Remarks by John Bruton, former Taoiseach, in Newman House, St Stephens Green, Dublin 

 

I am delighted to have been asked to speak at the launch of this beautifully produced volume, which is an exceptionally well chosen, and contemporarily relevant, selection of essays, published  over the last 100 years in the Jesuit journal “Studies”.


“Studies” first appeared in March 1912, exactly a century ago. 
In the time since receiving an advance copy of the book, I have read most, but not all of Bryan Fanning’s selection of essays.
Undoubtedly the most startling essay in the book is “The Canon of Irish History,   A challenge” by Father Francis Shaw SJ.
It was intended for publication in 1966, but was deemed too controversial for publication by the then editor of Studies . It was eventually published in 1972 under the courageous editorship of Fr Peter Troddyn S J , who happens to have  taught me at school. 
As we prepare to commemorate the enactment of Home Rule in 1914, the sacrifices by Irish soldiers in the Great War, and the deaths in and after rebellion of Easter 1916, the content  of Fr Shaw’s essay is as relevant, and probably as controversial,  today,  as it was 46 years ago, when it was first offered for publication.
Fr Shaw analyses the physical force tradition of Irish nationalism and , in so doing, quotes extensively from the writings of Patrick Pearse.
He questions Pearse’s identification of Nationalism with Holiness , his  hatred of England, and his  glorification of   death and violence.
Writing in December 1915, when the horrors of the Great War were already all too well known in the homes of Ireland , Pearse said
“The last 16 months have been the most glorious in the history of Europe. Heroism has come back to the earth.  It is good for the world that such things should be done. The old earth needed to be warmed with the red wine of the battlefields”

On another occasion, Pearse sought religious vindication for such a view. He said
“The Christ that said   ‘My peace I leave you, my peace I give you’,  is the same Christ that said  ‘I bring not peace but the sword’”
Pearse expressed the view that Ireland would not be” happy again”, until she recollects the “laughing gesture” of a young man going into battle, or “climbing to a gibbet” for  his  hanging.

All commemorations serve an educational purpose for the future. It is important that such sentiments as these not be glorified in 2016, and that their consequences be fairly assessed.
They were misleading to people 100 years ago, and they are just as misleading today.
Warfare may sometimes be necessary as a last resort in self defence, but it is never glorious or holy in the way Pearse, and many others of his generation, apparently saw it.
The wonderful thing about this volume is that it enables us to read what authors thought, at the time, without the opportunity for selective reinterpretation in the light of subsequent events .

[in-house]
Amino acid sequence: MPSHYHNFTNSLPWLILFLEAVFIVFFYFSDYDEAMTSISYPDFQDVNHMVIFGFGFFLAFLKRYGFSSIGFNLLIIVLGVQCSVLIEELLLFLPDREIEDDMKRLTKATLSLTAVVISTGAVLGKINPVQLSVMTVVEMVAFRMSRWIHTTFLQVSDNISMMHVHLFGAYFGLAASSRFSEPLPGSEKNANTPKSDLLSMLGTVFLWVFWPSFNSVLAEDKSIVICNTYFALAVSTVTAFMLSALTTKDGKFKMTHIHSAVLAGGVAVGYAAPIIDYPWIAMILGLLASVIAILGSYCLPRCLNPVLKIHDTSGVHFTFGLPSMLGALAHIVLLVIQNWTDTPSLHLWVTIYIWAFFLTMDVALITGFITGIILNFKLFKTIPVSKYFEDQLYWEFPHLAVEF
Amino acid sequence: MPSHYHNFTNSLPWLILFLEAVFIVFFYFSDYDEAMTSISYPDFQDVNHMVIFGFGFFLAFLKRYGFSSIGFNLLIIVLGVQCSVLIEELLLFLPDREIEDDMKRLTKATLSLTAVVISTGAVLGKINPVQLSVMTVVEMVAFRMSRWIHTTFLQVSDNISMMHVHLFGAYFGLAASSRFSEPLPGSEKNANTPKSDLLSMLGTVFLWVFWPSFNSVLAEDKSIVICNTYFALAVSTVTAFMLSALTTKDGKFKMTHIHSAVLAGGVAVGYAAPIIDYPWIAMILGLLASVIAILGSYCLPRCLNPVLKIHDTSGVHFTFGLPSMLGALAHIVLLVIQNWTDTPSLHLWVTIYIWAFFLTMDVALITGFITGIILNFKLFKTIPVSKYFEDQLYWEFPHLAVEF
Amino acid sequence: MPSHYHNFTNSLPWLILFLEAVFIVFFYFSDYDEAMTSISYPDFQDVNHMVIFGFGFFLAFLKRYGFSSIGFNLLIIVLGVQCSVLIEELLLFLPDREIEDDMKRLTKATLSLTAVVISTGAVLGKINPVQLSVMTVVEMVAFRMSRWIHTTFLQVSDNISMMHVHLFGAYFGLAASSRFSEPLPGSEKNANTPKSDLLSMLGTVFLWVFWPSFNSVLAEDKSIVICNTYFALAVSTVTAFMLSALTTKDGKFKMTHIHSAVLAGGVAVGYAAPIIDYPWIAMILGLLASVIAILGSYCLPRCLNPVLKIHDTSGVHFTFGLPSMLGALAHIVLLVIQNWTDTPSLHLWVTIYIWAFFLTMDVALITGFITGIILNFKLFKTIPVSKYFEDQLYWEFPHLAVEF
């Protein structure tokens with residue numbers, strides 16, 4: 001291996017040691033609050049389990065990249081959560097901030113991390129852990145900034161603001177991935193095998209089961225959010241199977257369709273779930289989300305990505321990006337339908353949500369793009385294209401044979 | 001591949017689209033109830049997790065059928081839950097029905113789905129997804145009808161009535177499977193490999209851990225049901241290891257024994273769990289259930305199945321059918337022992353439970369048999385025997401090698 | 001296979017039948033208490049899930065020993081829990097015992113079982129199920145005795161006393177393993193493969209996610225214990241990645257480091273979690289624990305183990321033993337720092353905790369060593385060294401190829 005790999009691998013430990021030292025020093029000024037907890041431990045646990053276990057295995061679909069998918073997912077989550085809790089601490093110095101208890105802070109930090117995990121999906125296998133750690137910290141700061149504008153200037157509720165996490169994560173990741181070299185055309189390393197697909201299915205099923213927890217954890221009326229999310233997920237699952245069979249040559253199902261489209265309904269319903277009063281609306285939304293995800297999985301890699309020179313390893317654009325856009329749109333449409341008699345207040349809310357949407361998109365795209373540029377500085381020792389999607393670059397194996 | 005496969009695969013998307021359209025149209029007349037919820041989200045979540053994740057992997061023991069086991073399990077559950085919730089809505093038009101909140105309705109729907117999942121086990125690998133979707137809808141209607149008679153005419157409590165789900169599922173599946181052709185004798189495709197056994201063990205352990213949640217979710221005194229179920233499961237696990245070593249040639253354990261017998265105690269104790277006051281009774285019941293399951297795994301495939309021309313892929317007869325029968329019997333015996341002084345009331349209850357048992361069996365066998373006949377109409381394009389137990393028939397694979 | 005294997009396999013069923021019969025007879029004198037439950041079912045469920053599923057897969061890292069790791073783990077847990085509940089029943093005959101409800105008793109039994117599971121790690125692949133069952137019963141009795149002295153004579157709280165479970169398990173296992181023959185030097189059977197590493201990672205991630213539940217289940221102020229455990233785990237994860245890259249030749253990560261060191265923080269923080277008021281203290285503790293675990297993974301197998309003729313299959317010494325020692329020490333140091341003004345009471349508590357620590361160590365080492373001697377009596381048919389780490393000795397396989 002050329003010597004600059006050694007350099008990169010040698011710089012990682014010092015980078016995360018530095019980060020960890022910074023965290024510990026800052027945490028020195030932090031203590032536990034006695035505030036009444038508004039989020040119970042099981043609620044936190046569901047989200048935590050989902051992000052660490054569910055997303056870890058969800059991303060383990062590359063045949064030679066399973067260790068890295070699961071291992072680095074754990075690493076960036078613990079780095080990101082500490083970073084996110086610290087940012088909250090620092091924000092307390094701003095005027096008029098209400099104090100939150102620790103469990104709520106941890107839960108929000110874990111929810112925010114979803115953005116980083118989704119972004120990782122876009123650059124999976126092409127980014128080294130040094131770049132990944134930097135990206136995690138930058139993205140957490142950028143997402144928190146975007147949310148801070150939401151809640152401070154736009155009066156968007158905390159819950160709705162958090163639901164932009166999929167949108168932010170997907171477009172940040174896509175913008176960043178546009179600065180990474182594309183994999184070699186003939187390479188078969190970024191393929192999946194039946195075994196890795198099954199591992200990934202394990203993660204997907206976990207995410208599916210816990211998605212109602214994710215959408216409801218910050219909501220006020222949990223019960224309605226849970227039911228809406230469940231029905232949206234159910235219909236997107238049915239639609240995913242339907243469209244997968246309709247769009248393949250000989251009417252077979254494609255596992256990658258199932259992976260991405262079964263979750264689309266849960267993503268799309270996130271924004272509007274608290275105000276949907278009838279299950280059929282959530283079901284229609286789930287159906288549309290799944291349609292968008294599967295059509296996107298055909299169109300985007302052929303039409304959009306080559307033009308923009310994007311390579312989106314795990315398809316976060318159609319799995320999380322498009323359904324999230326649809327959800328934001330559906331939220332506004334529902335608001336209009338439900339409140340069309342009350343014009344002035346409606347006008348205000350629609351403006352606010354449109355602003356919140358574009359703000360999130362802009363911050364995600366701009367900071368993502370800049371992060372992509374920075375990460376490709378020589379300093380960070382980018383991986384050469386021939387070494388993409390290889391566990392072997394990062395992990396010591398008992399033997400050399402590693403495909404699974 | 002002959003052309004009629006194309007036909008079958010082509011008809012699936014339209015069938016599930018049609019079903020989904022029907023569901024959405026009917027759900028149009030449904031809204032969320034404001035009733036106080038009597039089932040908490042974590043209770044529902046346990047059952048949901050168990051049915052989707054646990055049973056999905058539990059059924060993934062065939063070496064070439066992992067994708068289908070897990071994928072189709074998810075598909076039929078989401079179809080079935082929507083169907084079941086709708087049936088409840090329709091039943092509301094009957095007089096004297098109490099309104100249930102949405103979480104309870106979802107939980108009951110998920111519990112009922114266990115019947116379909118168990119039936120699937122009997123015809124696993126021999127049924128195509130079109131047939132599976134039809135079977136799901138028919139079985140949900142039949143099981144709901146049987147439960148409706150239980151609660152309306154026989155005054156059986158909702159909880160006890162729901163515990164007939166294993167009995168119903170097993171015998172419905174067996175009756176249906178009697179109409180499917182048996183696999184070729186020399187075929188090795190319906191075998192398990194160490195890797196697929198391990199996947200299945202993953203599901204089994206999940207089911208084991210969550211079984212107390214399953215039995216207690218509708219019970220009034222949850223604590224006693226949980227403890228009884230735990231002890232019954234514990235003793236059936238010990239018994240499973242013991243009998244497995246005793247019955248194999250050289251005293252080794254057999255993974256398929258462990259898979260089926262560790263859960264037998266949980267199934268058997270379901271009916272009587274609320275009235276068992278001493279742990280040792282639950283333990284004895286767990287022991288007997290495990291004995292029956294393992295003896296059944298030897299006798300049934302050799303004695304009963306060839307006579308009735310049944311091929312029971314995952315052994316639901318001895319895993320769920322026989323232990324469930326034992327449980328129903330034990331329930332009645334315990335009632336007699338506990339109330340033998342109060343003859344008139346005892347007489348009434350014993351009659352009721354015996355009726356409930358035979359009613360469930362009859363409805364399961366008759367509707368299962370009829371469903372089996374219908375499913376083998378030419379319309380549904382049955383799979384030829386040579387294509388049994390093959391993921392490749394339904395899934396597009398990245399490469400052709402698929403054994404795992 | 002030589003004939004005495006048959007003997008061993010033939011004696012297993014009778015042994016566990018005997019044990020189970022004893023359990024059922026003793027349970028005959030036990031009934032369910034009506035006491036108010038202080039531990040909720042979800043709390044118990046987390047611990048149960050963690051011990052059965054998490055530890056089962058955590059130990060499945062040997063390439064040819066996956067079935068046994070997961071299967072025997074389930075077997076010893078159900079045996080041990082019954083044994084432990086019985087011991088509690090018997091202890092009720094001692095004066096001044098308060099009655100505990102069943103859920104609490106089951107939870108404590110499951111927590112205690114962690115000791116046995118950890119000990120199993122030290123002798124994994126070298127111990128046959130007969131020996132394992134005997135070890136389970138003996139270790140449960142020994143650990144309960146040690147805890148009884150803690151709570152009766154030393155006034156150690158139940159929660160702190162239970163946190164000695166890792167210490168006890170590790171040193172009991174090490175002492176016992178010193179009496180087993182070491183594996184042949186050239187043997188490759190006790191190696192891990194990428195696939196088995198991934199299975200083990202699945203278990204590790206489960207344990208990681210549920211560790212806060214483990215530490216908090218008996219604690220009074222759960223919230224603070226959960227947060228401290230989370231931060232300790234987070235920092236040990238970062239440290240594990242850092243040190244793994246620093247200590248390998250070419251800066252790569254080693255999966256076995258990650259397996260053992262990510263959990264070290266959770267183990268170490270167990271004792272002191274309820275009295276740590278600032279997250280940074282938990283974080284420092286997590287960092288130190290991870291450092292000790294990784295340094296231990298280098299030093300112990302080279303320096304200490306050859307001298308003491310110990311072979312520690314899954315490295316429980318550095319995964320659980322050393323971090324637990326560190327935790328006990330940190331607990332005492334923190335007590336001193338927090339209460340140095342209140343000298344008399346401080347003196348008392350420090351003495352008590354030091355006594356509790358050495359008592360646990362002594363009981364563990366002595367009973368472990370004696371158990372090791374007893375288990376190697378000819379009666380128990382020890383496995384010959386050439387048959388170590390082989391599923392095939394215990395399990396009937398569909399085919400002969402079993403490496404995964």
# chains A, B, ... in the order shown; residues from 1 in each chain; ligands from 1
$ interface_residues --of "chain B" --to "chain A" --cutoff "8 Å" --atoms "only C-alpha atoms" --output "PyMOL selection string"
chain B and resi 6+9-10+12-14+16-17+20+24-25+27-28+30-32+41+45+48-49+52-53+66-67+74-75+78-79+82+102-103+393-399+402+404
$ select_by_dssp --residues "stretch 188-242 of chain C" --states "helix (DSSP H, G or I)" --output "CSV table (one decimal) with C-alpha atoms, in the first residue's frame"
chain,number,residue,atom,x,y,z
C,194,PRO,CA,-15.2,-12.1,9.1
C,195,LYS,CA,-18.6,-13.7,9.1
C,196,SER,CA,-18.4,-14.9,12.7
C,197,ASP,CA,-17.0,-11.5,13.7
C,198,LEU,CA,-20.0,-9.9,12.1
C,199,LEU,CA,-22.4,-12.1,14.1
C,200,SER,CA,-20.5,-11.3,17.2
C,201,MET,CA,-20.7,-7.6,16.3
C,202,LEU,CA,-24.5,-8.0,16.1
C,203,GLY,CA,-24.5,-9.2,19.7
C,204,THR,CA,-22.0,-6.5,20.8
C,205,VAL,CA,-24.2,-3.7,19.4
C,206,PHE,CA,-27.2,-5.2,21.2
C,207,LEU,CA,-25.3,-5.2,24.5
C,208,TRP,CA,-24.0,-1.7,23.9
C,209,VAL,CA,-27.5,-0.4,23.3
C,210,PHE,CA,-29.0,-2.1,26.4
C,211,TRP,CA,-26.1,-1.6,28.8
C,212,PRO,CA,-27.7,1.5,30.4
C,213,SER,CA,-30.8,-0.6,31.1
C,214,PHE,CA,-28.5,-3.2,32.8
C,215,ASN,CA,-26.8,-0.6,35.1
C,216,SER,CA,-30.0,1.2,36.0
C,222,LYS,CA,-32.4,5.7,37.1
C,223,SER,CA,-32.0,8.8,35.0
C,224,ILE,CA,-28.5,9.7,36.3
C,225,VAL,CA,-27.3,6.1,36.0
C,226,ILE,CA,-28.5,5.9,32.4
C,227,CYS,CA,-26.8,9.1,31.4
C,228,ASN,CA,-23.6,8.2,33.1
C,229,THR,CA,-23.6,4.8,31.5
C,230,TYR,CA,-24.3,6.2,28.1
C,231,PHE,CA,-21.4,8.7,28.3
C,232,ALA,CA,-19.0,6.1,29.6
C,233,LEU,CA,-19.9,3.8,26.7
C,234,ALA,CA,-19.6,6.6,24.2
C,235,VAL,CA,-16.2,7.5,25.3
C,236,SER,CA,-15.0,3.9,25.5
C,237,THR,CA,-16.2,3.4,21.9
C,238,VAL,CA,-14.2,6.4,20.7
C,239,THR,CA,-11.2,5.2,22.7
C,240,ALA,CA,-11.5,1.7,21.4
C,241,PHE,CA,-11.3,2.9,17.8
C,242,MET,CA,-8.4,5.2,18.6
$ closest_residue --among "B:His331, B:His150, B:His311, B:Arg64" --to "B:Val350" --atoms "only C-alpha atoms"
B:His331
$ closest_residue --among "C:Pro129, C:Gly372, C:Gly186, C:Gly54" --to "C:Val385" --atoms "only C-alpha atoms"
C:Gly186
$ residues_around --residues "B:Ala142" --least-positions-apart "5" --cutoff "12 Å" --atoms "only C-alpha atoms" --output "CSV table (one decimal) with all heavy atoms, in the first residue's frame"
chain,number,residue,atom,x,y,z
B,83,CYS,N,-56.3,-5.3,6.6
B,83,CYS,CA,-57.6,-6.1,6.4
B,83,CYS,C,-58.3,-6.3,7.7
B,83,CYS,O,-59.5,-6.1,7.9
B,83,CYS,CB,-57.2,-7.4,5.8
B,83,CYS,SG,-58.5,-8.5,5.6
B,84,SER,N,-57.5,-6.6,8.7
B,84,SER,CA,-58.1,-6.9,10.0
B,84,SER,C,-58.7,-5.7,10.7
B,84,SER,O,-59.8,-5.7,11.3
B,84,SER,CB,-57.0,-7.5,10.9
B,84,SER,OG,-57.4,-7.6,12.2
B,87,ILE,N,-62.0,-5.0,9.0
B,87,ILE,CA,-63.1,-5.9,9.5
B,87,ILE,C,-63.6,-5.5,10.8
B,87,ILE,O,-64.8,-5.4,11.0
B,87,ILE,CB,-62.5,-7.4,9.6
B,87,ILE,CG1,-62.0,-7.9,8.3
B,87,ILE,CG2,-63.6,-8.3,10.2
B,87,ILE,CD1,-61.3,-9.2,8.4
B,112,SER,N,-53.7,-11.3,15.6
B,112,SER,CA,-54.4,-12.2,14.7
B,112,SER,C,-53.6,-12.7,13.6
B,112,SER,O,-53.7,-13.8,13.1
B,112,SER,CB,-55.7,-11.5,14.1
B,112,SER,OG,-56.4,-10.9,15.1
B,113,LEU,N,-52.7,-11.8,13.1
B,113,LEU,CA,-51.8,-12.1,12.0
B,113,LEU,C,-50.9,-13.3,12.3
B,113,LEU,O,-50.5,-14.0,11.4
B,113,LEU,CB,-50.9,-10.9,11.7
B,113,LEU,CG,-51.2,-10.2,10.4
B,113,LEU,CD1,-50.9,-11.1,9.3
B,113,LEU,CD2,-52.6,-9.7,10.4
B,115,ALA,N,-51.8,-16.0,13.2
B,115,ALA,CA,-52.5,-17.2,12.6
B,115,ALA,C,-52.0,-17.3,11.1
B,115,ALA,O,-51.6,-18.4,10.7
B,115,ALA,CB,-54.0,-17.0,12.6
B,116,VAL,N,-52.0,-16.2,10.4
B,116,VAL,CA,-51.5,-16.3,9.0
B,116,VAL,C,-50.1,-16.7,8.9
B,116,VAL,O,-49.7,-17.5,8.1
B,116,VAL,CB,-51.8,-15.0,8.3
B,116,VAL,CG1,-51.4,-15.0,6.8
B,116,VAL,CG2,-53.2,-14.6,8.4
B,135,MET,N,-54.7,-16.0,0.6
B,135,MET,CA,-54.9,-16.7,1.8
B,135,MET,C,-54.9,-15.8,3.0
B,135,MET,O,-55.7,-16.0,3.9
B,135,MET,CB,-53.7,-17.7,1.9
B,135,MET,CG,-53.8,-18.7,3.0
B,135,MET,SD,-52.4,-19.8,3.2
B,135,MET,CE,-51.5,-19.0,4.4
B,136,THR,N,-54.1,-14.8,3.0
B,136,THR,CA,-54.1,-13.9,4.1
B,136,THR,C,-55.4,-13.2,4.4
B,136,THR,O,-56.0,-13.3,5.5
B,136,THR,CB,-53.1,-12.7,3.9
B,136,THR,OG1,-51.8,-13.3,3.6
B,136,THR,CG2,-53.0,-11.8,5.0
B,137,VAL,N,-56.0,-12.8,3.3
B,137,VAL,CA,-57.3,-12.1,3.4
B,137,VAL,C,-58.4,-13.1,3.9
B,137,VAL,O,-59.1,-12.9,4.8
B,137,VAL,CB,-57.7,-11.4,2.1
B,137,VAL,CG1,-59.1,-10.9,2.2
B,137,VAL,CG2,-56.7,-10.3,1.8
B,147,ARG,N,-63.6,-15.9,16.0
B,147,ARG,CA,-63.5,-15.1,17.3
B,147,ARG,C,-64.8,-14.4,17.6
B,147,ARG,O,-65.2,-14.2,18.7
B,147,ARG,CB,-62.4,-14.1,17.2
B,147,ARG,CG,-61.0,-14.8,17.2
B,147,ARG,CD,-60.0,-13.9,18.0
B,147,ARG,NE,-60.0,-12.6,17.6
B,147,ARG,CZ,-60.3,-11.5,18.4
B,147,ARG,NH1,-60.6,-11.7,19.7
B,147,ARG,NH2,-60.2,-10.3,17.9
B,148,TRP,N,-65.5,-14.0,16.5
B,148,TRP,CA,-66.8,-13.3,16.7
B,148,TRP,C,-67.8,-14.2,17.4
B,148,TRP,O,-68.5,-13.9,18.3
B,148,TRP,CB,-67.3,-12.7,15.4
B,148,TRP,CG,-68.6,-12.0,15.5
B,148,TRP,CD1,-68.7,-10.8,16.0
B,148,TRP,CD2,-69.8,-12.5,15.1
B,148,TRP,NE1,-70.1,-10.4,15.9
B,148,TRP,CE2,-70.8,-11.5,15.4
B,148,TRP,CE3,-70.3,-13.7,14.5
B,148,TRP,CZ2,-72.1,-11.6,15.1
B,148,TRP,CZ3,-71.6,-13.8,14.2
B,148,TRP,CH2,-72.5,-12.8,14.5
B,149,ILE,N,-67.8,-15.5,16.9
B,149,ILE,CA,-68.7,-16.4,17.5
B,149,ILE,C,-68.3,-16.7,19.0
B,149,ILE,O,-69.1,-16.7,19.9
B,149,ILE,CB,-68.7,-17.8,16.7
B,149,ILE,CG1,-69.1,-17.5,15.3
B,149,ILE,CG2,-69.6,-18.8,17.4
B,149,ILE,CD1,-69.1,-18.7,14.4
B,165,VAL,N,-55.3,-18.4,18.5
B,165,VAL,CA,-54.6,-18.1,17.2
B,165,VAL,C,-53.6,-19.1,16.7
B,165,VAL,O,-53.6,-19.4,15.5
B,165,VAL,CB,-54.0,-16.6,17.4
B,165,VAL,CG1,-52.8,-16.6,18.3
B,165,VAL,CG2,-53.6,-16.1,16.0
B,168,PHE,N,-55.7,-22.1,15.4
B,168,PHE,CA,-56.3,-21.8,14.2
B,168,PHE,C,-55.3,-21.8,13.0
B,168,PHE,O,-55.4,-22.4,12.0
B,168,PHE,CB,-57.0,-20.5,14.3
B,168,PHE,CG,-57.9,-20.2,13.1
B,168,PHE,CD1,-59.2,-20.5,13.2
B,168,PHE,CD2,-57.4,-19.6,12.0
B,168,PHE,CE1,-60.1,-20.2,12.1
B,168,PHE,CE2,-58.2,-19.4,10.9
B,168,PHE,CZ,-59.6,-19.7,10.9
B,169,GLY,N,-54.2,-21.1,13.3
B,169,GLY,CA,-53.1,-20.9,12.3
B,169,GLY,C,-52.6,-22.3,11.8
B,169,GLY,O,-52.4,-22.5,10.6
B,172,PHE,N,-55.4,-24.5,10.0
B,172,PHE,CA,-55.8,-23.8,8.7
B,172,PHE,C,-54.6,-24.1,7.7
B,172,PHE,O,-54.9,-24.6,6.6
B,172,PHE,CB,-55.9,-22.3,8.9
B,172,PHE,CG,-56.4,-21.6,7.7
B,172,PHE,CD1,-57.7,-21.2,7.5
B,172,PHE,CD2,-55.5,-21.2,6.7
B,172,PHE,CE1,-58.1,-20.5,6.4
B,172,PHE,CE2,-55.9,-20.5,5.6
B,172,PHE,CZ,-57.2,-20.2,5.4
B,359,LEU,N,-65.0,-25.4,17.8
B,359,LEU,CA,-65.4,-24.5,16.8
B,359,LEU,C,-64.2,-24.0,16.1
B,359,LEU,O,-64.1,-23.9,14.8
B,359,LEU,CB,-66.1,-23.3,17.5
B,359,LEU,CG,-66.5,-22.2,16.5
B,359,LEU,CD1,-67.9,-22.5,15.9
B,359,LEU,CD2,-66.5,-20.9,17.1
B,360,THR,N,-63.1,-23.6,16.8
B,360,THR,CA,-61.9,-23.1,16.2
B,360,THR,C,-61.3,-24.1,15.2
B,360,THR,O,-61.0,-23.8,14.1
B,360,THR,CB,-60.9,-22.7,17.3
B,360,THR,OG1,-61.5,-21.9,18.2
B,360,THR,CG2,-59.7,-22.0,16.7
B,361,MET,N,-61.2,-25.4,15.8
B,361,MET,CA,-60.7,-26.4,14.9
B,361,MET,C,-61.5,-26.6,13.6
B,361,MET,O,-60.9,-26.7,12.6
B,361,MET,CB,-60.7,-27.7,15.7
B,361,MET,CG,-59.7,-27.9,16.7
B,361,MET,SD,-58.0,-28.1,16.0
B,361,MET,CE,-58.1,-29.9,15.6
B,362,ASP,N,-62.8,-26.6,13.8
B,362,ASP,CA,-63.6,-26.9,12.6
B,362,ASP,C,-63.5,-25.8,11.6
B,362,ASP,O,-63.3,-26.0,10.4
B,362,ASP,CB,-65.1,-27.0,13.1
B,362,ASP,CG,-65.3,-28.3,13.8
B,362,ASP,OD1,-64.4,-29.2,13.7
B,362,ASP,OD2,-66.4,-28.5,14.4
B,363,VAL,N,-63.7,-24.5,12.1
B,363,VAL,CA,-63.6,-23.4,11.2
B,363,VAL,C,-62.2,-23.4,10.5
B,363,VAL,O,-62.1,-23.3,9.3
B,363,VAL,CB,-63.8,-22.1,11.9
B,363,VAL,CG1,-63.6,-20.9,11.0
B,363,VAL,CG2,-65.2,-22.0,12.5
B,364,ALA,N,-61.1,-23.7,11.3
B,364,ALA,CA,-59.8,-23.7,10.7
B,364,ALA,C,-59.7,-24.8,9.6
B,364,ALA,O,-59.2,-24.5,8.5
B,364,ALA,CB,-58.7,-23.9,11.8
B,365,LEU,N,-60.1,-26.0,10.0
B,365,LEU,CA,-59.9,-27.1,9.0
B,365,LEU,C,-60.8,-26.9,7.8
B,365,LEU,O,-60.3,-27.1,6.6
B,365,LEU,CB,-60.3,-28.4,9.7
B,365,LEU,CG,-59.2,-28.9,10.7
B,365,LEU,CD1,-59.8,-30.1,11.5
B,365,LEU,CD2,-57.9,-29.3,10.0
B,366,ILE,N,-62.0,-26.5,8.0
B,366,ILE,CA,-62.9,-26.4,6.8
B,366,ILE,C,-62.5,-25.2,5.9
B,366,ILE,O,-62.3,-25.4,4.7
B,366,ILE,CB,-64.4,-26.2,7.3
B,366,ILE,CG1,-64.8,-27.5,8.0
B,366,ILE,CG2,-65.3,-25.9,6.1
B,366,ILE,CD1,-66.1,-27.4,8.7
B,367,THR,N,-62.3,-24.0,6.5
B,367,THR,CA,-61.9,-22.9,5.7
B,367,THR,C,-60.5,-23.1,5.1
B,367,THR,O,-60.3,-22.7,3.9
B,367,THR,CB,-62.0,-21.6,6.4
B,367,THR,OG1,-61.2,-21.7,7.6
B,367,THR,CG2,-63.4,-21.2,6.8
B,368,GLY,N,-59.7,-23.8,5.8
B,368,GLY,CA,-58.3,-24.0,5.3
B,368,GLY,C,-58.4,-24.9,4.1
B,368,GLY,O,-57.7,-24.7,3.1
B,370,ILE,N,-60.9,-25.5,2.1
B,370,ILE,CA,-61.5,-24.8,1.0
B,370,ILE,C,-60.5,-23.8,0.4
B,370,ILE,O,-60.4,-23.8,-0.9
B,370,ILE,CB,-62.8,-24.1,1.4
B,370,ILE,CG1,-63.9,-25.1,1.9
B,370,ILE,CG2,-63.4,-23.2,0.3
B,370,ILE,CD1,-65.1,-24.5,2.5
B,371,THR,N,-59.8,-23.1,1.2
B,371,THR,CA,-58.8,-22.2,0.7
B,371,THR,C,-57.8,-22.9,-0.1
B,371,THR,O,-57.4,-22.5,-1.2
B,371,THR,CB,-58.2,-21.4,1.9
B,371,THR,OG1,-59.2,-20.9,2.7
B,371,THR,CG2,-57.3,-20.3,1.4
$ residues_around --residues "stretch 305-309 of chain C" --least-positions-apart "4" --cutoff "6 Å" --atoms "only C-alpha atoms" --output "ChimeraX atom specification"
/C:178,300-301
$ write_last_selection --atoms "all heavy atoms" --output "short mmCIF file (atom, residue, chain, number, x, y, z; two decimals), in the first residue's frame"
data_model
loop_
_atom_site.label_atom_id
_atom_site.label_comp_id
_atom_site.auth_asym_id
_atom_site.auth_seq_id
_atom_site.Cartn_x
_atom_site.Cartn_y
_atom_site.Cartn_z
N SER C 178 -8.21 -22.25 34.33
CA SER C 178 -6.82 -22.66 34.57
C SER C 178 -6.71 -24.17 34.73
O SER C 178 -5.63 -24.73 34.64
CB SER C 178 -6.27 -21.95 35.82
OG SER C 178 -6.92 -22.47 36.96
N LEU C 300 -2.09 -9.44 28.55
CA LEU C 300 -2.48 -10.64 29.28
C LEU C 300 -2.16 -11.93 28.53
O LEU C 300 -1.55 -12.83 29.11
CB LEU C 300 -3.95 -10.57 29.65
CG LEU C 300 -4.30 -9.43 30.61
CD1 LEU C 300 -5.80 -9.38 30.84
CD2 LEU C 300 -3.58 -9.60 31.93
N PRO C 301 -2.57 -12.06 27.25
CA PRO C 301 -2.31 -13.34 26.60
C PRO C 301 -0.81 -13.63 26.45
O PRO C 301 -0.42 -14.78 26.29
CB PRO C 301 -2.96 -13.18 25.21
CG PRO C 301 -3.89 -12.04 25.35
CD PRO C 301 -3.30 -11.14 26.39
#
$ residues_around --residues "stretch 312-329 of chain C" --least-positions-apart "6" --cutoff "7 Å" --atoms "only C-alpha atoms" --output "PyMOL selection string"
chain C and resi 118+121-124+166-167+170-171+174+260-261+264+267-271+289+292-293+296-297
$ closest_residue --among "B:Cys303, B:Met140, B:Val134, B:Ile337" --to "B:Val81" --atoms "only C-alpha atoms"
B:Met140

Yet much of the writing is remarkably up to date and pertinent.

We have John Maynard Keynes 1933 critique of what we now call globalisation, George Russell (AE)’s 1923 critique  of the negative cultural impact of   what we now call Armed Struggle, and a controversy in 1938 about Daniel O Connell and his view of his Gaelic heritage.
We have interesting insights from Tom Garvin and Raymond Crotty about what people thought about economic development in the time before the Celtic Tiger and the Celtic Bust. 

There is an essay , written by 1983 ,by John Sweeney on Social Inequality, something that has not  diminished in the intervening years, and which may  have been contributed to by  the globalisation that Keynes had written about,  50 years before.
We have Sean Lemass’ recollection of the 1916 rebellion, and excellent biographical essays on John Redmond and Tom Kettle.

Kettle, who died  at the front in the Great War, had a different attitude to war to Patrick Pearse. 

He said
“I want to live to use all my powers…..  to drive out of  civilization the foul thing called war, and put in its place  understanding and comradeship”,
And he regretted the 1916 rebellion, because he felt it spoiled his dream of a”free united Ireland, in a free Europe”.  
 
I hope Tom Kettle will be remembered in 2016, which will be the centenary of his death, because his message has great relevance to our times.
Stephen Collins essay on John Redmond deals with the career of a man whose memory he says was “systematically buried” when the new state came into being in 1922.
It is important to say that Home Rule was enacted into law in 1914 as a direct result of John Redmond’s work. I also believe that  the institutions of the state, that became operational in 1922,  owed much to the civil service work done in the  1912 to 1914 period, in preparation for Home Rule .  
As befits a Jesuit publication, there are interesting essays on religious practice in Ireland, on the theology of Dr Paisley, and the response of the Catholic Church to the abuse scandals.
I congratulate Studies, and the UCD Press, on an excellent publication.
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